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No-Hassle X-Ray Image Sharing Anywhere

Mohseni, Alex MD

doi: 10.1097/01.EEM.0000578636.25756.dd
Doc ApprovED



A family member recently developed severe lumbar radiculopathy with a partial foot drop. We had an MRI done in one state, but wanted to share the images with a spine specialist in our family in another state.

My first inclination was to share the MRI images via FaceTime on my Mac, but this wouldn't be optimal from the surgeon's perspective and most of these hospital-generated imaging discs don't even play on a Mac (we don't have a PC). My second thought was to send it using Dropbox, but I knew this wouldn't work either because of the recipient surgeon's technical prowess. The disc contents comprised a series of DICOM files. My brother discovered a service called DICOM Library ( that appeared to offer a solution.

DICOM stands for Digital Imaging and Communications in Medicine, and is the main file type used by most radiology imaging devices. Just like Microsoft Word uses .docx, picture archiving and communication systems (PACS) and other radiology devices use DICOM. It turns out that DICOM files store each study's personally identifiable information (PII) in a DICOM data object similar to the way JPEG images have embedded tags describing the image.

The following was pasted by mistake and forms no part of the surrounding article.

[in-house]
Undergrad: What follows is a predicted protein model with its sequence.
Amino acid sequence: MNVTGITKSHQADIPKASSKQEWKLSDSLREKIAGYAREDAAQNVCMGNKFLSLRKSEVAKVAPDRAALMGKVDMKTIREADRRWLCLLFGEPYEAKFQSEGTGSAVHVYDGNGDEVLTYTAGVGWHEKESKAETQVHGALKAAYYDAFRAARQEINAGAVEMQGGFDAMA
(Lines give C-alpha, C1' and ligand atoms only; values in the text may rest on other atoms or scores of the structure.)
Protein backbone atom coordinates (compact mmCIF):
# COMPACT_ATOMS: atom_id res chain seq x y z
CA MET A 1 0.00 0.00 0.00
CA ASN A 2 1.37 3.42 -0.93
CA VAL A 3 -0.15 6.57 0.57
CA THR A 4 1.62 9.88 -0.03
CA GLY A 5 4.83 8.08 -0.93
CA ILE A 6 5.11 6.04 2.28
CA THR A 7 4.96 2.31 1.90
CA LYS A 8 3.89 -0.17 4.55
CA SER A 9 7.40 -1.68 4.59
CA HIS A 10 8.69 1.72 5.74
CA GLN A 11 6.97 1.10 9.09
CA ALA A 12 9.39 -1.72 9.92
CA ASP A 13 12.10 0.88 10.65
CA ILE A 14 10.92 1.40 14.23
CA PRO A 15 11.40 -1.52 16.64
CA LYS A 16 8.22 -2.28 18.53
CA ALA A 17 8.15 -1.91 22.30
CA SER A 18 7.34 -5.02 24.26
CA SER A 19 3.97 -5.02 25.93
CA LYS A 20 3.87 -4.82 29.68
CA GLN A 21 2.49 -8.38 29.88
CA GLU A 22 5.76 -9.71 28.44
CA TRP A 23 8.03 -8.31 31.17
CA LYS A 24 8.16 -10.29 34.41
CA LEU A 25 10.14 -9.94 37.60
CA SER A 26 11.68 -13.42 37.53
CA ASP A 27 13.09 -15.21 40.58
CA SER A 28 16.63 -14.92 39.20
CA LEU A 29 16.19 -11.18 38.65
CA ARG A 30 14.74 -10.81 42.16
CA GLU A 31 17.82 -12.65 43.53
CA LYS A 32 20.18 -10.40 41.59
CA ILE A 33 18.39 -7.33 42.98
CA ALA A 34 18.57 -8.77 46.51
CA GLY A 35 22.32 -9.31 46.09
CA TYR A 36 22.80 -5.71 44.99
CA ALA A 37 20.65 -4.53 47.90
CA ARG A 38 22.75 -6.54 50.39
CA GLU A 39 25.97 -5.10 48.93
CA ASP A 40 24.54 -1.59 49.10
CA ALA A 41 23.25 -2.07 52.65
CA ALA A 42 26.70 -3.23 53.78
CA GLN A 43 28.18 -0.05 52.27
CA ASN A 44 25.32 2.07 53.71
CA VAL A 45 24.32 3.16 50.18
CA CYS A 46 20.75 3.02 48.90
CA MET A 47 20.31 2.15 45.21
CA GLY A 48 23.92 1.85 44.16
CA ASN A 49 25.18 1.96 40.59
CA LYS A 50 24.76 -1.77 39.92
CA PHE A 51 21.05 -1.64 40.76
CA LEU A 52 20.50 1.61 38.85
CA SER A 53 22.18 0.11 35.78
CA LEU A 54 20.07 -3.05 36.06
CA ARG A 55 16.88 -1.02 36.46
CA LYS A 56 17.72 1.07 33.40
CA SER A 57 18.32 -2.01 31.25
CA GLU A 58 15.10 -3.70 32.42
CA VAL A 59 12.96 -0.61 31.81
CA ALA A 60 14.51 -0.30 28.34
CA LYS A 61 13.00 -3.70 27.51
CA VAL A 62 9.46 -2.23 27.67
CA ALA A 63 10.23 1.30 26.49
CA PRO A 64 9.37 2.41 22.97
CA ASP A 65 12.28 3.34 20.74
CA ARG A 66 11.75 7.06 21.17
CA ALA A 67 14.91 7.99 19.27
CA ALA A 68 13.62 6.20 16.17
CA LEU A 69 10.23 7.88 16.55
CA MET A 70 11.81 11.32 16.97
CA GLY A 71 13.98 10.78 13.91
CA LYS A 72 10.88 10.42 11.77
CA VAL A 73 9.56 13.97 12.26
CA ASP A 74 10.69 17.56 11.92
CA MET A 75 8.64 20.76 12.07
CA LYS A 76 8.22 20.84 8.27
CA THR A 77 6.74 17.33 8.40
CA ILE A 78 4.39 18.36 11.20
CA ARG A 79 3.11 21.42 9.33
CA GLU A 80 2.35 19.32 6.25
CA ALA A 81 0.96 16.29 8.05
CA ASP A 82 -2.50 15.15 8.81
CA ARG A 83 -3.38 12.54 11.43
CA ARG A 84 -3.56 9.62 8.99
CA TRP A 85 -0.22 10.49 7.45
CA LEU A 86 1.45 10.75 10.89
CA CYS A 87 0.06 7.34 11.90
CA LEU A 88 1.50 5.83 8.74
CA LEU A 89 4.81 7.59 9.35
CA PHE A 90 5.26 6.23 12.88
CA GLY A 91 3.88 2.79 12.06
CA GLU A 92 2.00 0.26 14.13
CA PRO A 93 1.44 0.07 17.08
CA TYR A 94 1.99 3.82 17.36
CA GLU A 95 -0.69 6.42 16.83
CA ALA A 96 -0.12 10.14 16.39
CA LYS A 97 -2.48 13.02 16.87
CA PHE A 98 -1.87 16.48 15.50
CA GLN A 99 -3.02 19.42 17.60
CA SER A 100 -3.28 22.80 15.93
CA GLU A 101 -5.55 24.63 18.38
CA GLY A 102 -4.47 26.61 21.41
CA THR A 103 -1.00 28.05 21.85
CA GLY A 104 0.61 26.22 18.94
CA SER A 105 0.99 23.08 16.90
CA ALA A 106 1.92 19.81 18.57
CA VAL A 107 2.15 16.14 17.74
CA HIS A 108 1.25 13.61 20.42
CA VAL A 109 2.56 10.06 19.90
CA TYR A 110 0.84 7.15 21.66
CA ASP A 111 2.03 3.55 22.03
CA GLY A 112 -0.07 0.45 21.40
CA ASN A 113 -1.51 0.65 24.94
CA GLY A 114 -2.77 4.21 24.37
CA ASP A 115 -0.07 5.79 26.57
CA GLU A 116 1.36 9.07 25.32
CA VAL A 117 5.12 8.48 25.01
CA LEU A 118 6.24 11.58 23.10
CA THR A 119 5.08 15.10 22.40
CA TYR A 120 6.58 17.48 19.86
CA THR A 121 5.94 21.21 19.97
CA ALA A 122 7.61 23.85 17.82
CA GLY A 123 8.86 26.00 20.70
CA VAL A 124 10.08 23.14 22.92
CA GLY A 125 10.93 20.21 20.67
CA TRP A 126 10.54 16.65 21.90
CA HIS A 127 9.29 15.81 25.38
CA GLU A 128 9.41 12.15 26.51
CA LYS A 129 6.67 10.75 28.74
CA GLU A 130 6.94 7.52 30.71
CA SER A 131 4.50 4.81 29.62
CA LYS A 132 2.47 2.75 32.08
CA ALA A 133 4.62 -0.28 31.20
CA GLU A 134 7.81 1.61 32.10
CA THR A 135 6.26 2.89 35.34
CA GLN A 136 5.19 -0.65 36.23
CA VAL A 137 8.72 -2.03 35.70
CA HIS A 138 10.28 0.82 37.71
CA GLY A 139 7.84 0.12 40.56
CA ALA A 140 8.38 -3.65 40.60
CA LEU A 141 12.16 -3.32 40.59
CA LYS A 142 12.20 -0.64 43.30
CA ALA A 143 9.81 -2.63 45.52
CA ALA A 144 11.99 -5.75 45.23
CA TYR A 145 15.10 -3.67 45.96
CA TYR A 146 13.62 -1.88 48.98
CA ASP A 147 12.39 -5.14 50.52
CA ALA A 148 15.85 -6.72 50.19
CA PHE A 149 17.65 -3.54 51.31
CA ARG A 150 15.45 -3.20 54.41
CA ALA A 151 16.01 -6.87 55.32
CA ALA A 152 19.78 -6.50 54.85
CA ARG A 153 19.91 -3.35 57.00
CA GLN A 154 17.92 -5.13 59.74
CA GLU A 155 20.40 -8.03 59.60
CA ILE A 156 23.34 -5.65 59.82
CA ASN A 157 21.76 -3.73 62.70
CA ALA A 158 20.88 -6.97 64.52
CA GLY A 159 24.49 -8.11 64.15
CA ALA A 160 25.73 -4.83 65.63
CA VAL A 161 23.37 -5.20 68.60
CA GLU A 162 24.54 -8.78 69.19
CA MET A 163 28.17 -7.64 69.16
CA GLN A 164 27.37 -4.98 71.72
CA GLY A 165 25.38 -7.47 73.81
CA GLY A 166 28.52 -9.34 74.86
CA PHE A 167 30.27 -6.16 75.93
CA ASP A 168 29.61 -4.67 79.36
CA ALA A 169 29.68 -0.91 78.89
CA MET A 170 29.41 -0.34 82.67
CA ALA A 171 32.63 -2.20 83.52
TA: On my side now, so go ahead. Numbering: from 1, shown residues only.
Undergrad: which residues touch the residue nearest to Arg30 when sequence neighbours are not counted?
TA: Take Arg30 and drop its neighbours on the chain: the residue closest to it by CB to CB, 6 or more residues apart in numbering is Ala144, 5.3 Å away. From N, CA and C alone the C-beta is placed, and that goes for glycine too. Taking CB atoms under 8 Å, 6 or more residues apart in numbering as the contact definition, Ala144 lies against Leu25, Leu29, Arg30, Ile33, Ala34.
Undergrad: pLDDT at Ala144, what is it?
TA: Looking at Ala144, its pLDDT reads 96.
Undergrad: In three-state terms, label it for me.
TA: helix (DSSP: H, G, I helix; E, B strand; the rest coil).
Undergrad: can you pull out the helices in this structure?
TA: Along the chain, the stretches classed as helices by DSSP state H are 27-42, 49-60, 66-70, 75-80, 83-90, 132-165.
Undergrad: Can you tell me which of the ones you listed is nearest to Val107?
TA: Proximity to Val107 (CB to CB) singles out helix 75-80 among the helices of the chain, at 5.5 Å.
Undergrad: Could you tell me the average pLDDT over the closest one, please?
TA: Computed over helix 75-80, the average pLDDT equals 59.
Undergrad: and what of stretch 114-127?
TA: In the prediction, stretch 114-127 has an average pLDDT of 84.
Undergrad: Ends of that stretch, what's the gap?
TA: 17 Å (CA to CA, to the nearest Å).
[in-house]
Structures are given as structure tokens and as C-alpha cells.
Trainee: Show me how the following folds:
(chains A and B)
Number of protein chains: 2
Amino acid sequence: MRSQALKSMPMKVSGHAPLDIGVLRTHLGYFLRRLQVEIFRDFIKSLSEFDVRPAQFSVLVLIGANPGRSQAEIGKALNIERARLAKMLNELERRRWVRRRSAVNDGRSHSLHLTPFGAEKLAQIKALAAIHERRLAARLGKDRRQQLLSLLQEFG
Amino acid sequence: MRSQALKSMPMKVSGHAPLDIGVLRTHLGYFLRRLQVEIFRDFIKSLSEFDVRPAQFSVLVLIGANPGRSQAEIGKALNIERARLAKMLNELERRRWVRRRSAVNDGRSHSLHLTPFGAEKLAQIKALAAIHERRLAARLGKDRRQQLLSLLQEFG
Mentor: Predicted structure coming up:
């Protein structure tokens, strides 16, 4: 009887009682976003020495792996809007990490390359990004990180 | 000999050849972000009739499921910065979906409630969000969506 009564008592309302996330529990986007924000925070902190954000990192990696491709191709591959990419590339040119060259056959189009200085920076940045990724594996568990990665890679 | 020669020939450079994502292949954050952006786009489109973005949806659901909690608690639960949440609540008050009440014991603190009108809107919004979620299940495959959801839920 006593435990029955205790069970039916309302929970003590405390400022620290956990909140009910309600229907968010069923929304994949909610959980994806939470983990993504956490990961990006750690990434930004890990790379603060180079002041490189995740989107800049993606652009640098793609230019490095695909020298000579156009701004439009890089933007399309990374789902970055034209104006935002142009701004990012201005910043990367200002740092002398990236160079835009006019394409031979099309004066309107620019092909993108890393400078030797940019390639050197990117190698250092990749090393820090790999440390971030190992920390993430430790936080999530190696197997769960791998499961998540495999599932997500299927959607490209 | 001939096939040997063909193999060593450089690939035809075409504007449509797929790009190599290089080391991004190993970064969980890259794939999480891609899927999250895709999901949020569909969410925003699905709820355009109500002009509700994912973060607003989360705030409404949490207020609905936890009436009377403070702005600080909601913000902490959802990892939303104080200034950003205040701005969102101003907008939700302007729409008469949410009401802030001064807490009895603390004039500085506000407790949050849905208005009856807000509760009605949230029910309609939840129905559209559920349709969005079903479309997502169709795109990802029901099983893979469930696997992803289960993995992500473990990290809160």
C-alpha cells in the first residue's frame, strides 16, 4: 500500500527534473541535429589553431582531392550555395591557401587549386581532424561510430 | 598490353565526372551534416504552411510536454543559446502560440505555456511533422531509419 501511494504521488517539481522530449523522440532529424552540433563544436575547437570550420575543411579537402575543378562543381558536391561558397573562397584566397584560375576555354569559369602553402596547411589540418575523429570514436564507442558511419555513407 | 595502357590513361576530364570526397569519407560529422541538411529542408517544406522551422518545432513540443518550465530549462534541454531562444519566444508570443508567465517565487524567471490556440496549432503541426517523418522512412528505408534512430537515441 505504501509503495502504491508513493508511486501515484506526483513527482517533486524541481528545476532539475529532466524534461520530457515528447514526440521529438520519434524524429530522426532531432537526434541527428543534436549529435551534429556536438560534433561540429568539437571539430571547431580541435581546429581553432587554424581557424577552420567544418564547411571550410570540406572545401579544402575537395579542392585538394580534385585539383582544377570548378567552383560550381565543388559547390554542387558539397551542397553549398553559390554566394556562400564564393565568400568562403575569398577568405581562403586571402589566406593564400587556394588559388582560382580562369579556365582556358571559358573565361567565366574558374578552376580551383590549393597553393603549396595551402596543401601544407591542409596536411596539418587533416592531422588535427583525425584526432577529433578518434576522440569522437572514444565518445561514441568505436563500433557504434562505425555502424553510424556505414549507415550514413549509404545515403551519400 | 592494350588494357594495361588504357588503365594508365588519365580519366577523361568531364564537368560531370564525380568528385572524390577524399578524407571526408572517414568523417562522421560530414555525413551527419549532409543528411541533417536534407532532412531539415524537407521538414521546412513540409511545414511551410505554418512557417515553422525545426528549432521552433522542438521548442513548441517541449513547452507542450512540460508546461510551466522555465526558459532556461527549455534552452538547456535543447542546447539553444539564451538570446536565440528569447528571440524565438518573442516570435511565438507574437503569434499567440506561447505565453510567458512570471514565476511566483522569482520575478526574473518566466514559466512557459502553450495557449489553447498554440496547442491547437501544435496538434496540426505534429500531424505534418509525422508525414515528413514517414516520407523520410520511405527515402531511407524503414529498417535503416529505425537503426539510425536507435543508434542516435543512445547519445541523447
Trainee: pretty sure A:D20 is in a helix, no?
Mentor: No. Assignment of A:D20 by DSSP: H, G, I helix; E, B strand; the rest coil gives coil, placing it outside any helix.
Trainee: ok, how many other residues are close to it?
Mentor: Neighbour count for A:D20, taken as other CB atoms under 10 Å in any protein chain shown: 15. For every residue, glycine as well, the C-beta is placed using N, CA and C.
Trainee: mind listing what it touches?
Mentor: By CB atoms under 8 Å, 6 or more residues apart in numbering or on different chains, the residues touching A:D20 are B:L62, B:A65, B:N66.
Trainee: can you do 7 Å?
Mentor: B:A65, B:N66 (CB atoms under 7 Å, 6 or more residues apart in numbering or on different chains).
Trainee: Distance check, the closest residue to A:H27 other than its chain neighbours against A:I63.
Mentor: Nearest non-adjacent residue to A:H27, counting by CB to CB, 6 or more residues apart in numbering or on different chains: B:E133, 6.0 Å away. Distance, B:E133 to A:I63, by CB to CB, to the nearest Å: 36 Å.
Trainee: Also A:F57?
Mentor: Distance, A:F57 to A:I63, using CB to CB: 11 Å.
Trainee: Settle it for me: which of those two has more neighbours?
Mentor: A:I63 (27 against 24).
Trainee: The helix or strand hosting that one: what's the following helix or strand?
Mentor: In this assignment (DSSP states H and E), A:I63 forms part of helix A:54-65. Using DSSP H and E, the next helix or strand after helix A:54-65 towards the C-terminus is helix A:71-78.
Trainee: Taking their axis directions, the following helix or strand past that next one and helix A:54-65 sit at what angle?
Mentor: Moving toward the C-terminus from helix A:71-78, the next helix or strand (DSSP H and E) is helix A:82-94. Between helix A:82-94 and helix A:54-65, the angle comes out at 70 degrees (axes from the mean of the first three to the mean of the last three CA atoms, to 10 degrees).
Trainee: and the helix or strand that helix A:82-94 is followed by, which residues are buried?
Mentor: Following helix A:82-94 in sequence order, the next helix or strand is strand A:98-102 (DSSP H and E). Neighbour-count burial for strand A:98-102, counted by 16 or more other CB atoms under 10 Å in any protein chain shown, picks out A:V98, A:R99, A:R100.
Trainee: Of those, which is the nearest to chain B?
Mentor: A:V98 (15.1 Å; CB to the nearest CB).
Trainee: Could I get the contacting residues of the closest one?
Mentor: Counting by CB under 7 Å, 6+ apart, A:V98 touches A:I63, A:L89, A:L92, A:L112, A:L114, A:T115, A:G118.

DICOM Library allows anybody to upload DICOM files, and it will automatically remove the PII (as long as the PII is not embedded in the image like in old-school x-ray films) and then generate a web link to allow easy sharing and viewing of the images.

It took us about 10 minutes to download the disc contents onto our computer and upload all the images onto the DICOM Library server. Afterwards, we had a custom link that made it easy to share our high-resolution images. Consider DICOM Library next time you have a consultant who can't remotely access your EMR images.

Dr. Mohseniis an emergency physician, telemedicine provider with CirrusMD, and the editor of his own blog, Follow him on Twitter @amohseni, and read his past EMN columns at

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